Wikipedia: “Small Faces were an English rock band from East London. The group was founded in 1965 by members Steve Marriott, Ronnie Lane, Kenney Jones, and Jimmy Winston, although by 1966 Winston was replaced by Ian McLagan as the band’s keyboardist.
The band is remembered as one of the most acclaimed and influential mod groups of the 1960s with memorable hit songs such as “Itchycoo Park”, “Lazy Sunday”, “All or Nothing”, and “Tin Soldier”, as well as their concept album Ogdens’ Nut Gone Flake. (See fellow blogger Greenpete’s post on this album.)
The Small Faces never disbanded. When Marriott left to form Humble Pie, the remaining three members recruited Ronnie Wood as guitarist, and Rod Stewart as their lead vocalist – both from The Jeff Beck Group – and carried on as Faces.”
It’s not entirely accurate to say that Rod had been recruited from Beck’s group. By the time the Faces recorded their debut album with him (First Step, March 1970), Stewart had already recorded his first solo album with his second one, Gasoline Alley shortly to follow. (Check out my earlier post on that album here.)
I intentionally found and picked the picture you see on top of the post. Unlike a lot of bands who stare morosely, unsmiling from their pictures, the Faces always looked like a bunch of lads having a hell of a time.
I saw them back in the day at a New York emporium called the Felt Forum, now called Hulu Theater which sits underneath Madison Square Garden. It was more like a party than a concert with Rod – an avid footballer – kicking footballs (soccer balls) into the crowd.
Faces’ genres are listed as rock & roll, boogie rock, blues rock, hard rock, country rock. To all those, I would personally add loose-limbed, rave-up, garage-sounding, roughly produced rock. And it’s that ragtag “fuck it we’re having a good time attitude that was, I think, so great about the Faces. All their albums sound like they just went into the studio and started playing, probably after a pint or two. Today this shit would be produced within an inch of its life.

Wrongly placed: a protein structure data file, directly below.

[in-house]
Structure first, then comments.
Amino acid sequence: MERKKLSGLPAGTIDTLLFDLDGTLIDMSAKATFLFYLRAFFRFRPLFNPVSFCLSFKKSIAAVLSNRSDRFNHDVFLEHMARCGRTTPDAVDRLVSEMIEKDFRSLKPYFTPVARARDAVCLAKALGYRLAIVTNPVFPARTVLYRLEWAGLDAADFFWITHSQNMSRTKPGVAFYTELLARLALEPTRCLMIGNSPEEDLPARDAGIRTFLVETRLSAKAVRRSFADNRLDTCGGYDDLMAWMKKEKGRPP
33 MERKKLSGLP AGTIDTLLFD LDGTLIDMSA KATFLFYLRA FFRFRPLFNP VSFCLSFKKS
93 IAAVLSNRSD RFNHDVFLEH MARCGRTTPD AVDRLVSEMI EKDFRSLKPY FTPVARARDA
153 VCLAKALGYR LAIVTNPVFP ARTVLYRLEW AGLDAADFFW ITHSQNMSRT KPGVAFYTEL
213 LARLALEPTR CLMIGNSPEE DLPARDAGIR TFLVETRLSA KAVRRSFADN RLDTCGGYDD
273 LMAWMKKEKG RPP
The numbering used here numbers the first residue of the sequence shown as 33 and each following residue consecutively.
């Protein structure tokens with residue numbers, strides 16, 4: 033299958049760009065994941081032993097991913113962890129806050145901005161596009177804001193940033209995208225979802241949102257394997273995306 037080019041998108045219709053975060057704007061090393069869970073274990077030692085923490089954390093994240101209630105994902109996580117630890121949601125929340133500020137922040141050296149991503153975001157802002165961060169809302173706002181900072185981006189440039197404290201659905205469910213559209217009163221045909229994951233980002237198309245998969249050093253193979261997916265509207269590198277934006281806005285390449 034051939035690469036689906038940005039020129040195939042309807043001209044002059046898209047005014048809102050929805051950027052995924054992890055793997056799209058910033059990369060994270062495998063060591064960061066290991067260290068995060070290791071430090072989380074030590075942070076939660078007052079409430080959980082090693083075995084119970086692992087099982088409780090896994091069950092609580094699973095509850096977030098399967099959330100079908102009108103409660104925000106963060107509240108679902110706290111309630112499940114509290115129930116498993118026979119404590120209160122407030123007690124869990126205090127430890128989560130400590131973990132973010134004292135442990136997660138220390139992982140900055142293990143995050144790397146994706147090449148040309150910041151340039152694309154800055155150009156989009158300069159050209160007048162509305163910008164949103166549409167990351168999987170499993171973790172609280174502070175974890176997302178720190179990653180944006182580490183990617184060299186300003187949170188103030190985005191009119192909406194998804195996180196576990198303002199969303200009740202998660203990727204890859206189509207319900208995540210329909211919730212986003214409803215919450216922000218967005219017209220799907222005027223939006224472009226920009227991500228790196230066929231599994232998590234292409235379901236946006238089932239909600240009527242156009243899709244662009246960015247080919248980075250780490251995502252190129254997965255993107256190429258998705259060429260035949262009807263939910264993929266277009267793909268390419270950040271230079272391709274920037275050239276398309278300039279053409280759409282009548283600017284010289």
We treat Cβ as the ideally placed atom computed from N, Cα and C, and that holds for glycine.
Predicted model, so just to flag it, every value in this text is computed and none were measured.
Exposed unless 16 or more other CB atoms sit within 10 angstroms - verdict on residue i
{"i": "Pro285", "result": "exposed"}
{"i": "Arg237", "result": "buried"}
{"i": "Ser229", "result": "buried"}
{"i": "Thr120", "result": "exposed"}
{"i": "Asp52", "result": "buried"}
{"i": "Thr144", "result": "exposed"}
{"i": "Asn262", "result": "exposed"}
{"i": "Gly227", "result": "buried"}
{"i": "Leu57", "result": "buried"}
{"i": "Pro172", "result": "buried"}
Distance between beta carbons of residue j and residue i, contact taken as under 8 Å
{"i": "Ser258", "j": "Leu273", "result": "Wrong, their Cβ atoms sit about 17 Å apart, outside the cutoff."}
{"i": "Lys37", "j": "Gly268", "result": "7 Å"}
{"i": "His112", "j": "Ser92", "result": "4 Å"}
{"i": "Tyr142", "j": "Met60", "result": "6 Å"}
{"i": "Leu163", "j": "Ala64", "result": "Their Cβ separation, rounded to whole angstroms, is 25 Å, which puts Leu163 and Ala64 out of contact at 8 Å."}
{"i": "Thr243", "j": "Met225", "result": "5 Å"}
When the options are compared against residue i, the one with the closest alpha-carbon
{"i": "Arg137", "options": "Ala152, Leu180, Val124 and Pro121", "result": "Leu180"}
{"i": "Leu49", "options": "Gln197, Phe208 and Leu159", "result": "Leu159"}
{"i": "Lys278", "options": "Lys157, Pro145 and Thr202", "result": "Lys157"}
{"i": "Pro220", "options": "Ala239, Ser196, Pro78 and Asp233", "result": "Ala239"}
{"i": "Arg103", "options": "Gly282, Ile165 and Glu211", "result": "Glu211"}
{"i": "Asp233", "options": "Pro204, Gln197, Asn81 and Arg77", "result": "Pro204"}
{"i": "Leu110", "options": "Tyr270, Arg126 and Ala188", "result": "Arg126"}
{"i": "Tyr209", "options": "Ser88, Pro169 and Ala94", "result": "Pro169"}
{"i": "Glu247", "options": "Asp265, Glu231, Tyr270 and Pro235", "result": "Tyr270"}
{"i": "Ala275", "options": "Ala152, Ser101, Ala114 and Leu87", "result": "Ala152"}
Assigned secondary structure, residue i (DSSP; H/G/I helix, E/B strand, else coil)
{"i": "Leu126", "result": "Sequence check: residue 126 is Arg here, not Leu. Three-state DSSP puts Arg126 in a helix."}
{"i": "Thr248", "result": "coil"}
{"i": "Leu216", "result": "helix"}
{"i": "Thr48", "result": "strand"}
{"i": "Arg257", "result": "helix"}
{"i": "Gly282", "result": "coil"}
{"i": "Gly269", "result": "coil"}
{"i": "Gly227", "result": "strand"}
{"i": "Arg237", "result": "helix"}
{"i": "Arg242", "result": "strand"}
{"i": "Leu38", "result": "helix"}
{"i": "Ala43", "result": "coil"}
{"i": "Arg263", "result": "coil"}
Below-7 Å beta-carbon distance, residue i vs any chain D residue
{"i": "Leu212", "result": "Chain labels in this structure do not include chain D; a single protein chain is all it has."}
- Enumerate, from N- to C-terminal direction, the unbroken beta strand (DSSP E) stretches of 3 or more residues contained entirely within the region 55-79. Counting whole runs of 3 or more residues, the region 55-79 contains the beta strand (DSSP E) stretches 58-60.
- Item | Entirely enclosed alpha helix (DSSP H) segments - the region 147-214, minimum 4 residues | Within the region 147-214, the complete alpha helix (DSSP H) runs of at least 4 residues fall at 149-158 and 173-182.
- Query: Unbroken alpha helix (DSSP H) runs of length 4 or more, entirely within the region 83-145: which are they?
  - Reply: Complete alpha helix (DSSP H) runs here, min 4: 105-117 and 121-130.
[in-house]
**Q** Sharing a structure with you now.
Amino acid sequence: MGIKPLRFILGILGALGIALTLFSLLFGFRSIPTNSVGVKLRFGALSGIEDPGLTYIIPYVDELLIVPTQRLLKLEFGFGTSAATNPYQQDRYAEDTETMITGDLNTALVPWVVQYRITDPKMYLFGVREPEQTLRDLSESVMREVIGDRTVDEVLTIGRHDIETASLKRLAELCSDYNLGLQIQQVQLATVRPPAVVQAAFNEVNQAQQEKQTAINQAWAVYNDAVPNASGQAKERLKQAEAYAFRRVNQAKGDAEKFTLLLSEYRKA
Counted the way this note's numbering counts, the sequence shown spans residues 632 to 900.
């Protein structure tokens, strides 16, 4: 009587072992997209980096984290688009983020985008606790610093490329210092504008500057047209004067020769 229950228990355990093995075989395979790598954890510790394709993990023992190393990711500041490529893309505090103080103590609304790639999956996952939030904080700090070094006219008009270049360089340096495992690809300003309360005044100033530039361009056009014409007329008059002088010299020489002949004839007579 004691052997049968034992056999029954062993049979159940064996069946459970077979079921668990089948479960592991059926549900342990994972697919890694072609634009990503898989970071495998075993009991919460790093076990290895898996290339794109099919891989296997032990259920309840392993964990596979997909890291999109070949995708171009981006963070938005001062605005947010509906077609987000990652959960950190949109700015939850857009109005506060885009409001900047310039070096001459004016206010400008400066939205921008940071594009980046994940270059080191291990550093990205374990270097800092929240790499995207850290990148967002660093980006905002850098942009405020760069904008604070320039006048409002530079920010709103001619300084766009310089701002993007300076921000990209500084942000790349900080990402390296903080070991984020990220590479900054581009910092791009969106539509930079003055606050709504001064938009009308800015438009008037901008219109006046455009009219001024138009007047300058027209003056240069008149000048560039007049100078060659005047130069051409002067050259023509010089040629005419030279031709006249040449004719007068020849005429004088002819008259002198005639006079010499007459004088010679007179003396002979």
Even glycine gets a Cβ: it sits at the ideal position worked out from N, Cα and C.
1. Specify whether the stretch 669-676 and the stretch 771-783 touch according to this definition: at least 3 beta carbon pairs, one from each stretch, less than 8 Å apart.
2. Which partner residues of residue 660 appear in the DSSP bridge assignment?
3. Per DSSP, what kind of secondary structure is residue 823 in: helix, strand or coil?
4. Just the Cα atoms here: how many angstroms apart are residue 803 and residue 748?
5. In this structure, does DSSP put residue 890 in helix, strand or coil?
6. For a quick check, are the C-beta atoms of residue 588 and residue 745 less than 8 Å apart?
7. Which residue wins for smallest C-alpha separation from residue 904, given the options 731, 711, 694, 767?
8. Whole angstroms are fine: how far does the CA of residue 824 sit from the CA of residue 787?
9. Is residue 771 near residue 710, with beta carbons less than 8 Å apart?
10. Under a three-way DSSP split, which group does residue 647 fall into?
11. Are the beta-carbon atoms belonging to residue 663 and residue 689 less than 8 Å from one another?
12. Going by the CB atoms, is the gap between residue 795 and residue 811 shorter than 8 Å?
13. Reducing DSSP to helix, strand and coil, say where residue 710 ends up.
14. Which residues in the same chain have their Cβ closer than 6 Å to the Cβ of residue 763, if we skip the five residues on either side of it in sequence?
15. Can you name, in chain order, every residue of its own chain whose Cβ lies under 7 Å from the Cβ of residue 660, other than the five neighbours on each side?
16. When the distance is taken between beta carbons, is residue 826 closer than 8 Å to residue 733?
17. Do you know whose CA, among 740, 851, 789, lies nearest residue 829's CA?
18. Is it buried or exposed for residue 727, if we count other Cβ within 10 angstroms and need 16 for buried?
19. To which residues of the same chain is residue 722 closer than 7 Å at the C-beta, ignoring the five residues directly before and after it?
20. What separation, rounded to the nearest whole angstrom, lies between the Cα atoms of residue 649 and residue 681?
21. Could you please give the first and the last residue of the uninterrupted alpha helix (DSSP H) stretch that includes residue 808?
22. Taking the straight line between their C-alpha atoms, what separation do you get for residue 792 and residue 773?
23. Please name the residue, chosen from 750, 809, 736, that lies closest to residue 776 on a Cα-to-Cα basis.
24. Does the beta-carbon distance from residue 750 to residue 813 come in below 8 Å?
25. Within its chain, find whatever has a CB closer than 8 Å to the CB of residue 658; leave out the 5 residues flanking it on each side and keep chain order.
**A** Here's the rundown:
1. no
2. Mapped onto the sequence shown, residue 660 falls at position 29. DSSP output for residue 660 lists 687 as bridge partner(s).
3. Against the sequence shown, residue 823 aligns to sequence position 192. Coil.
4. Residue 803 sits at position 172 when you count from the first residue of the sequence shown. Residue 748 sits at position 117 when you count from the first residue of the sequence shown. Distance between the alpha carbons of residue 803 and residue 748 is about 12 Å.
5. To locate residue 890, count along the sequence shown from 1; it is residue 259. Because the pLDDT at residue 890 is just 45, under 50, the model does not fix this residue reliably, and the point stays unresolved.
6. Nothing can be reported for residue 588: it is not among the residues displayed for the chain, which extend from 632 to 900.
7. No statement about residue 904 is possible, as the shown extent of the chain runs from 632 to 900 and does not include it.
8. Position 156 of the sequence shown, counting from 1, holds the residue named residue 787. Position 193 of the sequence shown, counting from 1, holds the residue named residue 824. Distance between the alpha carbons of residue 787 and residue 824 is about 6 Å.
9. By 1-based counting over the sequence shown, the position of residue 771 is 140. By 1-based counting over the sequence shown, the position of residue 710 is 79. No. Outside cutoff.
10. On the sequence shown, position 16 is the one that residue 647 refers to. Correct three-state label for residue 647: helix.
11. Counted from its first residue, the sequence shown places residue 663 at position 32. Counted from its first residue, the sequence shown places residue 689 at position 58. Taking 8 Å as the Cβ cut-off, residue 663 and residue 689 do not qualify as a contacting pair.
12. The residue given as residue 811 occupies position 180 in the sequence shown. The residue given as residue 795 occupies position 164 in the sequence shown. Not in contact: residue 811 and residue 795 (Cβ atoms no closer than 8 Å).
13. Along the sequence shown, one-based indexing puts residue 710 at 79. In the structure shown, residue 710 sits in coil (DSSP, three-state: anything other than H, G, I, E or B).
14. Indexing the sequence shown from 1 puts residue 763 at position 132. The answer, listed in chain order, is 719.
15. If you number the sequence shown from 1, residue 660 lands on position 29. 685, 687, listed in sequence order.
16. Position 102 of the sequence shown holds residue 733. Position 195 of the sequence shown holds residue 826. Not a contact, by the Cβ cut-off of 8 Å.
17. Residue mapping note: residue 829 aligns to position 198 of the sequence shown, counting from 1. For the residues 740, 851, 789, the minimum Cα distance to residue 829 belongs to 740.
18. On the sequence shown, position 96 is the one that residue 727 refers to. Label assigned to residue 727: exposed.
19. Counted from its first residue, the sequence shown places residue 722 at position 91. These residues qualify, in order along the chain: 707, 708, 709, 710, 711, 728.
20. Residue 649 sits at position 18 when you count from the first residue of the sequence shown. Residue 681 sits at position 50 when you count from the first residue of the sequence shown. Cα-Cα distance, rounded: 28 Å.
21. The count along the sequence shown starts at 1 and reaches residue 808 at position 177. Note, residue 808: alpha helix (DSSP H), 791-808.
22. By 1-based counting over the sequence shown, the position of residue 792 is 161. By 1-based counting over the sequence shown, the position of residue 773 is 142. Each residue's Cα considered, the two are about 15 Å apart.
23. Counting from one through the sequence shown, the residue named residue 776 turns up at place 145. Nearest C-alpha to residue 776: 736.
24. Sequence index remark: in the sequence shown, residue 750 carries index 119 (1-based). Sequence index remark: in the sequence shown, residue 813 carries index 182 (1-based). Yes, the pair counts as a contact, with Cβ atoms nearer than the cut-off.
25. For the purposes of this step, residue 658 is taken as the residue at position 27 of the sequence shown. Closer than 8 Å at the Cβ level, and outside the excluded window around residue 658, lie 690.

Anyway, enough with the bullshit. Let’s get it on!
First up, from their debut album, First Step is a McLagan/Stewart medium-tempo rocker, “Three Button Hand Me Down.” Both Lane and Wood play bass on this oddly enough. God I miss bands like this:
One of the most touching songs in the entire Faces’ genre is the wholly unexpected “Debris,” from A Nod Is As Good As A Wink To A Blind Horse. It’s a tribute to Ronnie Lane’s father and a moving depiction of their relationship:
Oh, you was my hero
How you are my good friend
I’ve been there and back
And I know how far it is
But I left you on the debris
Now we both know you got no money
And I wonder what you would have done
Without me hanging around
Now as far as rave-ups go, you cannot – I say you CANNOT – get any better than “Stay With Me.” (Can I get a witness?) Rod loves ’em and leaves ’em in this one and yeah that sucks. But who says a woman couldn’t, especially in this day and age, take an equally cavalier attitude to her one-night stand?
“Sit down, get up, get out!”
The final Faces album in 1973 was Ooh La La. Rod subsequently went totally solo initially continuing as a rocker (apparently having given up the blues) and then later as a total fucking sellout with disco. But. So be it.
Rod slagged this album mercilessly in the press, calling it a “stinking rotten album.” He went on to say that the album was a “bloody mess. But I shouldn’t say that, should I? Well, I should say it in a few weeks’ time.
Not now. I mean, the public ain’t gonna like me saying it’s a bloody mess. It was a disgrace. Maybe I’m too critical. But look, I don’t like it … All that fucking about taking nine months to do an album like Ooh La La doesn’t prove anything. But I’m not going to say anything more about it.”
Perhaps Rod’s less than charitable statements sealed his fate in the band and the good times, alas, were gone. (The Faces, like so many bands of the Seventies, were notorious substance abusers and could even give Zep a run on the groupie front.)
I dig the title song from this stinking mess of an album. It’s a Lane/Wood number with Woody on vocals:
From that same album comes the ass-kicker “Silicone Grown.” (One of you guys did this tune not too long ago, Can’t remember who.)
Faces did a couple of nice instrumentals and I thought of doing one here. But check out their greatest hits on Spotify which has these tunes and then some. I’ll leave you here with the mid-tempo shuffle, “Bad ‘N’ Ruin” from Long Player.